Why not me?

In 1 Nephi 3:31, Laman and Lemuel ask Nephi, “How is it possible that the Lord will deliver Laban into our hands? Behold he is a mighty man, and he can command fifty, yea, even slay fifty; then why not us.” This inquiry is juxtaposed so aptly with the very next verse in 1 Nephi 4:1, in which Nephi tells his less-faithful brothers, “Let us go up again unto Jerusalem, and let us be faithful in keeping the commandments of the Lord; for behold he is mightier than all the earth, then why not mightier than Laban and his fifty, yea, or even than his tens of thousands?” The exact same phrase then why not is used in both circumstances, but associated perspective and follow-on consequences of that attitude could not be more diametrically opposed.

Nephi has a clear opt-in strategy that is demonstrated throughout the rest of the first book of Nephi; whereas his brothers Laman and Lemuel demonstrate a clear opt-out strategy. In essence, when a challenge arises, Nephi’s older brothers immediately ask the question, “who are we to overcome this seemingly insurmountable challenge against all odds”; meanwhile, Nephi asks, “who am I not to?” with a confidence borne from trust that is well-founded on the rock of the integrity of gospel living. He then follows that positive introspection with decisive action that expands his skill set and makes him more capable to solve problems in the future. To summarize a few of these examples and juxtapositions found throughout the rest of the first book of Nephi:

    • Lehi, Nephi’s father, sees an incredible vision of the Savior and the future destruction of Jerusalem (in which its inhabitants are carried away captive into Babylon). Laman and Lemuel proceed to think about all the things that they are missing out on (1 Ne 2:11) and choose to dwell in ignorance (1 Ne 2:12). Meanwhile, Nephi decides to act instead of being acted upon, and he prays and the Lord visits him and softens his heart (1 Ne 2:16). This same pattern occurs again when Lehi has the vision of the tree of life in 1 Nephi 8, with Nephi seeing an even more detailed version of the dream in 1 Nephi 11-13. While Laman and Lemuel miss out on spiritual experiences and truths that would have been bestowed upon them with their desire and asking, they choose to take the easier route and live in ignorance.
    • Nephi breaks his bow (1 Ne 16:18). The first response of Nephi’s brothers is to murmur (1 Nephi 16:20). While Nephi’s brothers are complaining and thinking of their terrible state, Nephi moves to action, and builds a bow out of wood (1 Ne 16:23), and then later goes up into the mountain and finds food for his family.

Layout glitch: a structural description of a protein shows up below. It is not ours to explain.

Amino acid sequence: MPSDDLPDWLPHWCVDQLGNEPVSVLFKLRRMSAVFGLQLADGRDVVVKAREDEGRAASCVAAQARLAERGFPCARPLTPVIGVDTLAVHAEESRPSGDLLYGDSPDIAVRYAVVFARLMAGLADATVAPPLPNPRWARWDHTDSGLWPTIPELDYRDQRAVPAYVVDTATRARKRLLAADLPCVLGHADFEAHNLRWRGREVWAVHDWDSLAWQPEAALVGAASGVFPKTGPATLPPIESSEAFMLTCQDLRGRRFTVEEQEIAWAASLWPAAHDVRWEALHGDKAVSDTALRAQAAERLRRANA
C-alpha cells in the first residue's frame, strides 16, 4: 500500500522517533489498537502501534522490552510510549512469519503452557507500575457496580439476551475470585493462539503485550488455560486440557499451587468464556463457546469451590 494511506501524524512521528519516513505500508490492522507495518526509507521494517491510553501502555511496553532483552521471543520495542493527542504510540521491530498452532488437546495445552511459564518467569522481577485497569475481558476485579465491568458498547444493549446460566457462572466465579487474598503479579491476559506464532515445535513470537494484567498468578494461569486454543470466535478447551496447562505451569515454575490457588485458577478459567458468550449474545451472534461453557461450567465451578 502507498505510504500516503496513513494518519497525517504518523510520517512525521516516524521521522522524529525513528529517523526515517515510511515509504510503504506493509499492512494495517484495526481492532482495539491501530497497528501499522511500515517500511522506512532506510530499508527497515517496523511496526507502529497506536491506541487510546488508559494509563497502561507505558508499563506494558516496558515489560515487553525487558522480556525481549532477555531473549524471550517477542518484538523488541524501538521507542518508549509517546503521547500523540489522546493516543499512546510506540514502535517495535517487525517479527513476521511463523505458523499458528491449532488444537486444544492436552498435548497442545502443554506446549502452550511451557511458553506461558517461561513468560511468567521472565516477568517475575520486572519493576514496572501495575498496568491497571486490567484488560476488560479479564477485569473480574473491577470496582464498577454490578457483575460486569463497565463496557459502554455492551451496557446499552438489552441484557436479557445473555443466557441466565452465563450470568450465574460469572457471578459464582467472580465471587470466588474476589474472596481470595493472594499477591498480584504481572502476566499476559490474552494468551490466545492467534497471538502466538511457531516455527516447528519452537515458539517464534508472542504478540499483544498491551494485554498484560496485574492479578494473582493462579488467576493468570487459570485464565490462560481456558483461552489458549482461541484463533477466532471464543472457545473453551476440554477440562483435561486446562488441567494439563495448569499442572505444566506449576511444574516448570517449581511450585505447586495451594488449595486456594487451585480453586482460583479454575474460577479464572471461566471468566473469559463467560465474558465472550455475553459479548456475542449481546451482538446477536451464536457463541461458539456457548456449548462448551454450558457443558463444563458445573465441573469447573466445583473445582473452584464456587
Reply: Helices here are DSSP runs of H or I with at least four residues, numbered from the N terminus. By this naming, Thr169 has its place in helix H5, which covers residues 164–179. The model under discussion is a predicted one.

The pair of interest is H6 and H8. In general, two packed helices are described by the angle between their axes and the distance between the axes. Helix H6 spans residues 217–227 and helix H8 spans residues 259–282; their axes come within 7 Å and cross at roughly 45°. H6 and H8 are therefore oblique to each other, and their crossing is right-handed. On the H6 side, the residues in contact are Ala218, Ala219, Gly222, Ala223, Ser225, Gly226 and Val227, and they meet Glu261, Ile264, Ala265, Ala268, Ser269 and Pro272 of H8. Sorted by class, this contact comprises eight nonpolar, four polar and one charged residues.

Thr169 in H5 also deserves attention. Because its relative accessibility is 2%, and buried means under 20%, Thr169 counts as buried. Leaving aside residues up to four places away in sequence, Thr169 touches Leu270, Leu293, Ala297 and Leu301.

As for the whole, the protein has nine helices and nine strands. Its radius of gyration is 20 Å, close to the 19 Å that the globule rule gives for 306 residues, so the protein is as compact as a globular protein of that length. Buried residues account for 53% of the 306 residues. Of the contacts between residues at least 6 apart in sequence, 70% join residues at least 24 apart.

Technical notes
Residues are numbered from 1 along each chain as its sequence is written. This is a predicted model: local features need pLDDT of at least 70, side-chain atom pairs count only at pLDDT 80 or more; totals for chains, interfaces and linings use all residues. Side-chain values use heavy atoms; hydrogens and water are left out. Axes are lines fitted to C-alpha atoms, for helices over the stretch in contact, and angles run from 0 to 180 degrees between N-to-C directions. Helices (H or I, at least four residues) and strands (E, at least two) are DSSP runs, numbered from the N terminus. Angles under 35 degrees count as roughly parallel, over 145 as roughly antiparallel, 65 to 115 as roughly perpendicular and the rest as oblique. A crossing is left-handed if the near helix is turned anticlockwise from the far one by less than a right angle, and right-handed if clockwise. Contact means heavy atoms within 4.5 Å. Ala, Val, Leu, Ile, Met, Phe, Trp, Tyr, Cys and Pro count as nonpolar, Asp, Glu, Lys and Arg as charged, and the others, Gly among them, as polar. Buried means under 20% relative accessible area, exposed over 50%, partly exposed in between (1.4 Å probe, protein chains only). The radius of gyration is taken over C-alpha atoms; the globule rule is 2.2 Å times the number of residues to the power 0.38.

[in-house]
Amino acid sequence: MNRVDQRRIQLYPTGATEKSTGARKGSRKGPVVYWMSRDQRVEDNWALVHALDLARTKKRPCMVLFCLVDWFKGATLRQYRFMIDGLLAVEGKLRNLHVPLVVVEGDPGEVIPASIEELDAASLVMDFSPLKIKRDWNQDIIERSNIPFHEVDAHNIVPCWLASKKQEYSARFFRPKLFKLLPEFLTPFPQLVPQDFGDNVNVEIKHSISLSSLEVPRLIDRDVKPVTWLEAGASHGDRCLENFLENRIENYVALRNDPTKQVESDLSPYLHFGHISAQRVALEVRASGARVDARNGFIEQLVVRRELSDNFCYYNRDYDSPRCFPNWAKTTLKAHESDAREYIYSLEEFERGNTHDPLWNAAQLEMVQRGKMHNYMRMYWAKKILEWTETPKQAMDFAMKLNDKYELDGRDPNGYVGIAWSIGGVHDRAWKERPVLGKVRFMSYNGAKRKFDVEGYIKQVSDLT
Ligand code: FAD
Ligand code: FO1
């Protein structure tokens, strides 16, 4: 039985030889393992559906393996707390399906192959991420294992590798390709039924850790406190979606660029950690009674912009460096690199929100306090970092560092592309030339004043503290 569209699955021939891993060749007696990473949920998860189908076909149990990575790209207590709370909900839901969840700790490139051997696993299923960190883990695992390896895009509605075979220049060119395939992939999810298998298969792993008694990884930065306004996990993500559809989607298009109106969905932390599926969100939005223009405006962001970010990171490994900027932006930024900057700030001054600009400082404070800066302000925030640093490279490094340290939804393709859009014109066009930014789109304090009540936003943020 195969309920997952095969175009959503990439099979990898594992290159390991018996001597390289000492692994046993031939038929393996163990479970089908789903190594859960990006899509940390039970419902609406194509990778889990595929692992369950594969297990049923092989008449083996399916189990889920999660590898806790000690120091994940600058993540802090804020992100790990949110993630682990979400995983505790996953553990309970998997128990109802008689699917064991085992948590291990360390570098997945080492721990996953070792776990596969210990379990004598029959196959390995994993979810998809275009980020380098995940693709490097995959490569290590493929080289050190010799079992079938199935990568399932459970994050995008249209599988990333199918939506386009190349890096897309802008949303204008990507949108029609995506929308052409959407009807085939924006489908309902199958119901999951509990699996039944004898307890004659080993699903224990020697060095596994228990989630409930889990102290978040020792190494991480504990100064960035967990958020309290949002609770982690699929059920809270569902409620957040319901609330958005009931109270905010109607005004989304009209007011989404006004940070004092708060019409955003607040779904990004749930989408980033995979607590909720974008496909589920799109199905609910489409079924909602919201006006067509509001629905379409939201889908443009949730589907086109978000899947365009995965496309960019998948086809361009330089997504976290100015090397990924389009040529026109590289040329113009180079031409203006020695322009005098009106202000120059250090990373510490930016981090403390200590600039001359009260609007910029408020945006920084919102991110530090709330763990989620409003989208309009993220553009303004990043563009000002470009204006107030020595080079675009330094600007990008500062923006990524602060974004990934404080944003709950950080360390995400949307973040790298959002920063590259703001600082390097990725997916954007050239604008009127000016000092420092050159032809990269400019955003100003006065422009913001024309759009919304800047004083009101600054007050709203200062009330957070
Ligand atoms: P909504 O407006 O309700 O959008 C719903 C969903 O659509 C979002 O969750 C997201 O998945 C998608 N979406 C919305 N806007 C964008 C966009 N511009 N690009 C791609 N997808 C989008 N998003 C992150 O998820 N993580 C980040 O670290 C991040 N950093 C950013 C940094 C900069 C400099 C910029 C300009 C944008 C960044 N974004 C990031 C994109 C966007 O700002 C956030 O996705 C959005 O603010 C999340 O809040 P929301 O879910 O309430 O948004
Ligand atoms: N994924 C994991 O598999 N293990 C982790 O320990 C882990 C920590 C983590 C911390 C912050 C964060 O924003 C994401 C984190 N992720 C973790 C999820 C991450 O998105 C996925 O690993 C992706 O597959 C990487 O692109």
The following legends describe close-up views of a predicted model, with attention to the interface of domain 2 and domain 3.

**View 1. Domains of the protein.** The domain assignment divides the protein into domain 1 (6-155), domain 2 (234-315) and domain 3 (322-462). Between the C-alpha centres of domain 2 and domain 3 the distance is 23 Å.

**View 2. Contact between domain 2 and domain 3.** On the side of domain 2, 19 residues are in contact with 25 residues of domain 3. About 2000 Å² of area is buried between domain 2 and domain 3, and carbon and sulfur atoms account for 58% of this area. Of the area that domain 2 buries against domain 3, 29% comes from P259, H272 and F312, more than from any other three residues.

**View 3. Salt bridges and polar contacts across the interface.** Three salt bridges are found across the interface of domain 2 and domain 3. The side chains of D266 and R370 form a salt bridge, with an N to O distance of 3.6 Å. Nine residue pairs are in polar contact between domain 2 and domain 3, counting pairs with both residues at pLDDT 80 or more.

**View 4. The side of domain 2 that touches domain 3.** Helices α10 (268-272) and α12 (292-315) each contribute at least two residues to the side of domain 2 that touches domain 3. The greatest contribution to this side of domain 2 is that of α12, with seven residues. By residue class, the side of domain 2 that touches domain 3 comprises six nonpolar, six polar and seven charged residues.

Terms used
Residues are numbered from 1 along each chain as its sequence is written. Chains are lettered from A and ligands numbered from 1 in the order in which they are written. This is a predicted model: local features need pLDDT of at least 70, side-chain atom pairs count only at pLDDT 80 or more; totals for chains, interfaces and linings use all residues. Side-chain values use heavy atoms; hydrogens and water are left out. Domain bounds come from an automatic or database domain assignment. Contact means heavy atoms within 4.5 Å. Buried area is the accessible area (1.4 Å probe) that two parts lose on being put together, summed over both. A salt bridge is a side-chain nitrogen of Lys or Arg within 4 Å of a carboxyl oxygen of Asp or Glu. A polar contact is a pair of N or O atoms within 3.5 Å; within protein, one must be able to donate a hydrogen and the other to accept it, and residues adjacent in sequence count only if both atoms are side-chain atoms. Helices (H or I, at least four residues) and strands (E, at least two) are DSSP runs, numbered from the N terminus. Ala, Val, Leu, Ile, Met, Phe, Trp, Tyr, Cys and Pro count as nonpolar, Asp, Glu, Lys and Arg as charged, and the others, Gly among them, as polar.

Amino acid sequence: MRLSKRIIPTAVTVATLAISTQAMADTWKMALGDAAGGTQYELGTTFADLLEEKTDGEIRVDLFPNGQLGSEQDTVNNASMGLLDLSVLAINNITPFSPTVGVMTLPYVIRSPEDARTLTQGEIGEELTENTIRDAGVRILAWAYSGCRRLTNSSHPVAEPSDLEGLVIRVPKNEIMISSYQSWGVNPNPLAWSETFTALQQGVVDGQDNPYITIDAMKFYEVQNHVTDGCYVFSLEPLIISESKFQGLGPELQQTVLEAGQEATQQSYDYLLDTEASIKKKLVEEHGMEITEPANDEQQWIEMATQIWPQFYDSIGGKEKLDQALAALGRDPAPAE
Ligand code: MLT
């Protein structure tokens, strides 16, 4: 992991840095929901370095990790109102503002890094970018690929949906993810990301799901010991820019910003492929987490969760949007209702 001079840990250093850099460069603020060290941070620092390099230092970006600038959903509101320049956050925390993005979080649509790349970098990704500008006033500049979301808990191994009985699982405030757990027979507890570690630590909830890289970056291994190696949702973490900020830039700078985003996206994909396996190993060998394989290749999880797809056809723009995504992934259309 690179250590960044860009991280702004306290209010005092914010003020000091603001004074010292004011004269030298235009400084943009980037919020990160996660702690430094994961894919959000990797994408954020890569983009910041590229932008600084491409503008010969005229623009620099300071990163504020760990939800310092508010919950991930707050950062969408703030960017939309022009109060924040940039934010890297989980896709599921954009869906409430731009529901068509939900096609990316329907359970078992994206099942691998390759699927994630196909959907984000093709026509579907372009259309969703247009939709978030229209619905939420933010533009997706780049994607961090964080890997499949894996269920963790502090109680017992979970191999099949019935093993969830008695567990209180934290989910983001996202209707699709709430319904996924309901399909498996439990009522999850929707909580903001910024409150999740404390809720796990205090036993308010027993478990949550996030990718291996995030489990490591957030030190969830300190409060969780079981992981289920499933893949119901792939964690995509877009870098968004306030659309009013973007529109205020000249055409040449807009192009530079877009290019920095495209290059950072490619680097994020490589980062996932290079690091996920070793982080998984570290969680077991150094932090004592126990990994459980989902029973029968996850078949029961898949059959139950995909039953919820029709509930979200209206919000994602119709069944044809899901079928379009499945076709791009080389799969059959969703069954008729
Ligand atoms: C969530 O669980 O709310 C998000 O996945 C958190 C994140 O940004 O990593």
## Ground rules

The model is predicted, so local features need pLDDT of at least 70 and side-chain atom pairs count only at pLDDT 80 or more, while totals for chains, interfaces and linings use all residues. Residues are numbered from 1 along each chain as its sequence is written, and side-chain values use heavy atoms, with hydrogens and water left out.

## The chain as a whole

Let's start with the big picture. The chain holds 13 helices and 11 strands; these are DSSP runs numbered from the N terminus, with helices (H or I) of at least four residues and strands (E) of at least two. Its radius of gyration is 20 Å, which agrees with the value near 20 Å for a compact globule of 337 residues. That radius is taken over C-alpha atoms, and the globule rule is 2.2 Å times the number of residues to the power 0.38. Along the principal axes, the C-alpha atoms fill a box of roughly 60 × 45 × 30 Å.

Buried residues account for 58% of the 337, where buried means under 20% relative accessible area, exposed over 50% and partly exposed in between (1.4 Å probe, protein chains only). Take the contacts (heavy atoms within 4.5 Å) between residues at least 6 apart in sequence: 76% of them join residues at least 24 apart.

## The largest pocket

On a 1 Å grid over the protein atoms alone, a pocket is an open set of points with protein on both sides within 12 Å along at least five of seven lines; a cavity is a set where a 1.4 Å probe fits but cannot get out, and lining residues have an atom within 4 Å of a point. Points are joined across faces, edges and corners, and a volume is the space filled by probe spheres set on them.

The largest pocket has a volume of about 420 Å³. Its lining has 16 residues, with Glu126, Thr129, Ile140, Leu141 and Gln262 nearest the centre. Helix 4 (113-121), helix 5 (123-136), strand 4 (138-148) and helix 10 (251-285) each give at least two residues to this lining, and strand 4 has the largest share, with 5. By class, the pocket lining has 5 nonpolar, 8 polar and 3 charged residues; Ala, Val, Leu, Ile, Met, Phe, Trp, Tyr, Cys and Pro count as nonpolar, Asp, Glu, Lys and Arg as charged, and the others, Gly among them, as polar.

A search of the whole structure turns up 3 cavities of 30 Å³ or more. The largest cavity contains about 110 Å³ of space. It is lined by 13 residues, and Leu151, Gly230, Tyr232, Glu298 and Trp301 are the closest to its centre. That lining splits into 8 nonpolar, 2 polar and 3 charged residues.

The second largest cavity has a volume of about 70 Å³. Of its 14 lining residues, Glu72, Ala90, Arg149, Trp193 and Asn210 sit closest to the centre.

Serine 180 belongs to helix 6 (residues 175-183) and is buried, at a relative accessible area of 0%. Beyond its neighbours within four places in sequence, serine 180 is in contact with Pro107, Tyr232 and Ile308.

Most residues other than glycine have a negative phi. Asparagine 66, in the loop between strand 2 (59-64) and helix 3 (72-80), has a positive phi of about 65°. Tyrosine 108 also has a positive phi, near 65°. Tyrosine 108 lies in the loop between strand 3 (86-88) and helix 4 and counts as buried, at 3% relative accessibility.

• The Lord tells Nephi to build a ship (1 Ne 17:8). Again, Nephi’s can-do attitude causes him to problem solve, and instead of asking the Lord to give him a ship, he thinks backward and recognizes the essential elements he would need to build a ship. Nephi is not troubled that he has no previous boat-building experience, but he trusts that God will provide a way for him to follow the direction he has been given (1 Ne 17:50). We see Nephi, yet again, say, “if the Lord has such great power, and has wrought so many miracles among the children of men, how is it that he cannot instruct me, that I should build a ship?” Once again, Nephi is confronted with a problem he has never before faced, and his response is to think “who am I not to rise to this challenge?” His response in this experience is contrasted with the response of Nephi’s brothers, who don’t even try to think big enough to suppose that their talents are greater than their current state and, thus, they don’t even want to try (1 Ne 17:17-18).

In sum, how am I going to use the phrase “why not me?” in response to my circumstances? Will it drive me to accomplish things I have never before done, or will it drive me into a state of mediocrity–paralyzed by a fear of failure? The pattern that Nephi demonstrates in the first book of Nephi (and the contrast of his brothers) provides an interesting comparison, the consequences of which can be well documented throughout the rest of the Book of Mormon. My goal is to be more successful in my endeavors by attacking each challenge and trial with this attitude and belief.